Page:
By Richard Conniff
Early this year, a Chinese fishing vessel ran aground in Tubbataha Reefs Natural Park, a UNESCO World Heritage site in the Philippines. The 12 crewmen were already in trouble for damaging the protected coral reef. But then the Philippine Coast Guard crew working to re-float the vessel got a look at the cargo: 400 boxes of what may be the world’s most heavily trafficked wild mammal contraband — pangolins, carefully butchered and frozen to be served up as a status symbol on the dinner plates of the nouveaux riches in China and Vietnam.
If you have never even heard of pangolins, much less pangolin poaching, you are not alone. Even conservationists tend not to know much about these armor-plated animals that are commonly known as scaly anteaters, perhaps because they are small, uncharismatic, and nocturnal. The headlines tend to focus on bigger and seemingly more immediate problems, notably the slaughter last year of 35,000 elephants for their ivory and 810 rhinos for their horns. But almost unnoticed, the illegal trade in pangolins has raged out of control, to meet demand in East Asia for both their meat and their scales, which are roasted and used, like rhino horn, in traditional medicines.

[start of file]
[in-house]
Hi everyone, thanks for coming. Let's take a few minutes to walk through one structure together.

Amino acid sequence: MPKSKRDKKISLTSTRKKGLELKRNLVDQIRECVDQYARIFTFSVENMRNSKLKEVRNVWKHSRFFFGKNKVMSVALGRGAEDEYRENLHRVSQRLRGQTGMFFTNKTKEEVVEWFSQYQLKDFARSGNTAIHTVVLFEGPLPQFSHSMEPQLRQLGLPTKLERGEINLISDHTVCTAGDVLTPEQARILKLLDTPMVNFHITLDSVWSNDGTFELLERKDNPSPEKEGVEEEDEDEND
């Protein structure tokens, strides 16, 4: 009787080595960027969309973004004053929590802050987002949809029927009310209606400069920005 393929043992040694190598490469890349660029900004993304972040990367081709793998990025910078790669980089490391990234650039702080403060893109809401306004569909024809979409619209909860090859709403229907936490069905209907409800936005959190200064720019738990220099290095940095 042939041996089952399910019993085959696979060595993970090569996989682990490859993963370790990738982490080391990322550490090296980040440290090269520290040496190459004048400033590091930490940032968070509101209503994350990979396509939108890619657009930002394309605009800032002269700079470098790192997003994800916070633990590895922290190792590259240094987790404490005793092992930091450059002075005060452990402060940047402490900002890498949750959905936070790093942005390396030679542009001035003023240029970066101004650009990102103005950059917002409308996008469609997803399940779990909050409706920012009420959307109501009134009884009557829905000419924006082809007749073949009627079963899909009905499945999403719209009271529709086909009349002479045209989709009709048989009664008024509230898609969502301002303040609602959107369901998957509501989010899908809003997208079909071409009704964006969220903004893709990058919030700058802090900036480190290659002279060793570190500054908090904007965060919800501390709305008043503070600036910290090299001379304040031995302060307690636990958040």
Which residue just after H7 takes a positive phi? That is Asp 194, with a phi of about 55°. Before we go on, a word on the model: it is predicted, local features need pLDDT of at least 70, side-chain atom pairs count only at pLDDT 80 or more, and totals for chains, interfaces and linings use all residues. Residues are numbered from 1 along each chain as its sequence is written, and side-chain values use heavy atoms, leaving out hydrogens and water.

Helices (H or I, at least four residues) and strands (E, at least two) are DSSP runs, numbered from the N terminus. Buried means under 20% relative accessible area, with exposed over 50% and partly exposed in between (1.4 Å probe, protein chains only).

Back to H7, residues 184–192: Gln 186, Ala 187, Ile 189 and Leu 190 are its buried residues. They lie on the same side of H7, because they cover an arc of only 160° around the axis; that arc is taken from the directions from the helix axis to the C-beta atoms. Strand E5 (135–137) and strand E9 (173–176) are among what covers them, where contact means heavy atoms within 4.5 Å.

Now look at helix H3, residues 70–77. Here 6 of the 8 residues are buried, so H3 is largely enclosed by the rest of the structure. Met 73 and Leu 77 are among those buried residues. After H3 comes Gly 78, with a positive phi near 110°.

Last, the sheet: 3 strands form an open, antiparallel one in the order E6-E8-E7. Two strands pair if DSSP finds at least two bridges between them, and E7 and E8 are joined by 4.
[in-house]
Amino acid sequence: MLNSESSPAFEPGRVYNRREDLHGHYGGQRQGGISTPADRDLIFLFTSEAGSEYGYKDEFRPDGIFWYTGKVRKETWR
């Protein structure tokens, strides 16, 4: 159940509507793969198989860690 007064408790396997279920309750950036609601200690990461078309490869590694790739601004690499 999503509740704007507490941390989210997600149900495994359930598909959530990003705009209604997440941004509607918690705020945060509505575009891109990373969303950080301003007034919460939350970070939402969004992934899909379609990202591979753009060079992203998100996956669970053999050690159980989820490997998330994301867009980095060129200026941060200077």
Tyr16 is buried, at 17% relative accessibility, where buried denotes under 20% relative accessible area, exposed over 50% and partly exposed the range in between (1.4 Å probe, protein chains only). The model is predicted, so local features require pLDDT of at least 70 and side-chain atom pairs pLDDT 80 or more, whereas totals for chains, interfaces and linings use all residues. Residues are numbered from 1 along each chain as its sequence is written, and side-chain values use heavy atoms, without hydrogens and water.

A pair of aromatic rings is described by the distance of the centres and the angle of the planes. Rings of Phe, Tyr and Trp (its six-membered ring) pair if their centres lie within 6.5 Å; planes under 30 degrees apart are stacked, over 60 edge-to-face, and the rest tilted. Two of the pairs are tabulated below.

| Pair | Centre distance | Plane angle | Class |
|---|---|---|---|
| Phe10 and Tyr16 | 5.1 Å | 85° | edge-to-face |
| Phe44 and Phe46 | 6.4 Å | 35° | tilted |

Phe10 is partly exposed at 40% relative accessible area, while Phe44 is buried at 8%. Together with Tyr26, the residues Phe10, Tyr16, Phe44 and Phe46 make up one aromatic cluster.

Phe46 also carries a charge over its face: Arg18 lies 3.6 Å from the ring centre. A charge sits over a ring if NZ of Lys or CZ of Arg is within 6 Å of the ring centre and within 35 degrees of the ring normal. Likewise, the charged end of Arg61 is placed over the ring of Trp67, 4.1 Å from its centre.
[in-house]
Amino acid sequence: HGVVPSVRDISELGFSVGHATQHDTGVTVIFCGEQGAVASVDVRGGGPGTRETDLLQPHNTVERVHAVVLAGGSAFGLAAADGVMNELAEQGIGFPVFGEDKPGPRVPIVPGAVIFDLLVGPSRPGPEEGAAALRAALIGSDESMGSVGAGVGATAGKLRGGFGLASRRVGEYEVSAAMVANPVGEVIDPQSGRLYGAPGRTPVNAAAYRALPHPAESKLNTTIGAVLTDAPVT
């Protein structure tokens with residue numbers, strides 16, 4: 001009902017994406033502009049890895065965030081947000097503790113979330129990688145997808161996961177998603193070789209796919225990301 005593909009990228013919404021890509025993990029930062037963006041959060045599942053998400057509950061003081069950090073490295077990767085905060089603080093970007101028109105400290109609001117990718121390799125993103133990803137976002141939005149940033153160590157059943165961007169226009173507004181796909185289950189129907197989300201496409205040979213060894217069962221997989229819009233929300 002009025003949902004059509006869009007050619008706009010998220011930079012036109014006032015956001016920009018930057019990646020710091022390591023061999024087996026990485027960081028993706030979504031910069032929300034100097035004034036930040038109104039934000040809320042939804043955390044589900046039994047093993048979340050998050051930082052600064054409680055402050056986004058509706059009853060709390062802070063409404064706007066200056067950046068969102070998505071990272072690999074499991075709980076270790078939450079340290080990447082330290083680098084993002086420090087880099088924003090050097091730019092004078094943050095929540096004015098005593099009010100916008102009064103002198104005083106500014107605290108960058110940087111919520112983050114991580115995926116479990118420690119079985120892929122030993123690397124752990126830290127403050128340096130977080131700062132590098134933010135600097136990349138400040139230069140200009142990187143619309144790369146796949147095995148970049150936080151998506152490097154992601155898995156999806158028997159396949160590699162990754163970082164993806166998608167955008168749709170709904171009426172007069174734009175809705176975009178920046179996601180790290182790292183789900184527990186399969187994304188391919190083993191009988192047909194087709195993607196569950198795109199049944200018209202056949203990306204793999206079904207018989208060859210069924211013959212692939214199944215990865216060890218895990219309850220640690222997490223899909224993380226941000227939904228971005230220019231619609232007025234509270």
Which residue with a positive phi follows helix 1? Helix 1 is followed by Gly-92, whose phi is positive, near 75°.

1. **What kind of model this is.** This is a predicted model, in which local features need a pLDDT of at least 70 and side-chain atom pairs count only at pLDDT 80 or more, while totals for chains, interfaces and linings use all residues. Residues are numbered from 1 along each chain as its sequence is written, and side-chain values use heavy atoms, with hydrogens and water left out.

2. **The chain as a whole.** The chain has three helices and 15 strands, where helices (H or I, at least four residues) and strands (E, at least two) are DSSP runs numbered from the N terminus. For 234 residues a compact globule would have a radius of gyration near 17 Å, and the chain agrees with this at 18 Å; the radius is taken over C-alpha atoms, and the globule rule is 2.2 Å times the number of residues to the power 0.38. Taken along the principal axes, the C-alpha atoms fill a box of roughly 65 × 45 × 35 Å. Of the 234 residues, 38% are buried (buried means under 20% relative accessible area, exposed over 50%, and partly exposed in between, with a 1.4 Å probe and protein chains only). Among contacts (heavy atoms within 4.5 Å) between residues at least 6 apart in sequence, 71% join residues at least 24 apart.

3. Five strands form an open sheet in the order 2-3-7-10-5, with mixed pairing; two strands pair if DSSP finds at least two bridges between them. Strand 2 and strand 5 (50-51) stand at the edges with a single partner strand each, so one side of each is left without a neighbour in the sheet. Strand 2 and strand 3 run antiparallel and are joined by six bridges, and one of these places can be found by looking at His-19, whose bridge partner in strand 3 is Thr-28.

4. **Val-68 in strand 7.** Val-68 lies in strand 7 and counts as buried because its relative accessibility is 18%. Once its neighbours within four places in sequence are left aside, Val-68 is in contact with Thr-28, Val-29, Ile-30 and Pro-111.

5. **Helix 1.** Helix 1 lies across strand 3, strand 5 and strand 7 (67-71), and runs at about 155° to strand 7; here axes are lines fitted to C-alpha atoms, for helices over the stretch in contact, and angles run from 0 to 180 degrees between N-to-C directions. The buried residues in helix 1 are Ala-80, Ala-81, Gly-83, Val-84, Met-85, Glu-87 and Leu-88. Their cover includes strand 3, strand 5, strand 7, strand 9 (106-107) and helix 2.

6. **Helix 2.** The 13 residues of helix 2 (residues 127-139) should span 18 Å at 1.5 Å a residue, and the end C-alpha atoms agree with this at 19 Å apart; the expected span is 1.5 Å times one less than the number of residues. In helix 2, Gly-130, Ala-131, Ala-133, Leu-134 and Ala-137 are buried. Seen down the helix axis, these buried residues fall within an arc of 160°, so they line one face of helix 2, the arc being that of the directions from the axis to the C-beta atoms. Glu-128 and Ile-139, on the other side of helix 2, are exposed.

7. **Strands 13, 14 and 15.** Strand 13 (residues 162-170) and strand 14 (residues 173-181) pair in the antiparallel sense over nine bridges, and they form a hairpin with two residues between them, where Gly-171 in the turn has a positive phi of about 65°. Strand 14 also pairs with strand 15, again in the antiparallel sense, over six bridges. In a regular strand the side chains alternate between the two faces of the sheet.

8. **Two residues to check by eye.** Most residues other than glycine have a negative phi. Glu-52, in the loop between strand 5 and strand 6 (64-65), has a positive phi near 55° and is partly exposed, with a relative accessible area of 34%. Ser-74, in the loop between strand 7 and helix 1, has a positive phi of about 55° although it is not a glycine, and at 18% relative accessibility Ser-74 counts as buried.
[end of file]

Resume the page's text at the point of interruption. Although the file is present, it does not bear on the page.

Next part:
Within the last year alone:
• French officials seized 110 pounds of pangolin scales, said to be worth $100,000, being transshipped via Charles De Gaulle Airport from Cameroon to Vietnam.
• Customs officials in Vietnam discovered a cargo of 6.2 tons of frozen pangolins being smuggled in from Indonesia.
• Police in India stopped a shipment of scales taken from 300 pangolins.
• Police in Thailand stopped a pickup truck carrying 102 pangolins.
Annual seizures run to about 10,000 pangolins, according to Dan Challender, co-chair of the pangolin specialist group for the International Union for Conservation of Nature (IUCN). But that number is almost certainly a small fraction of what gets through to the marketplace. More....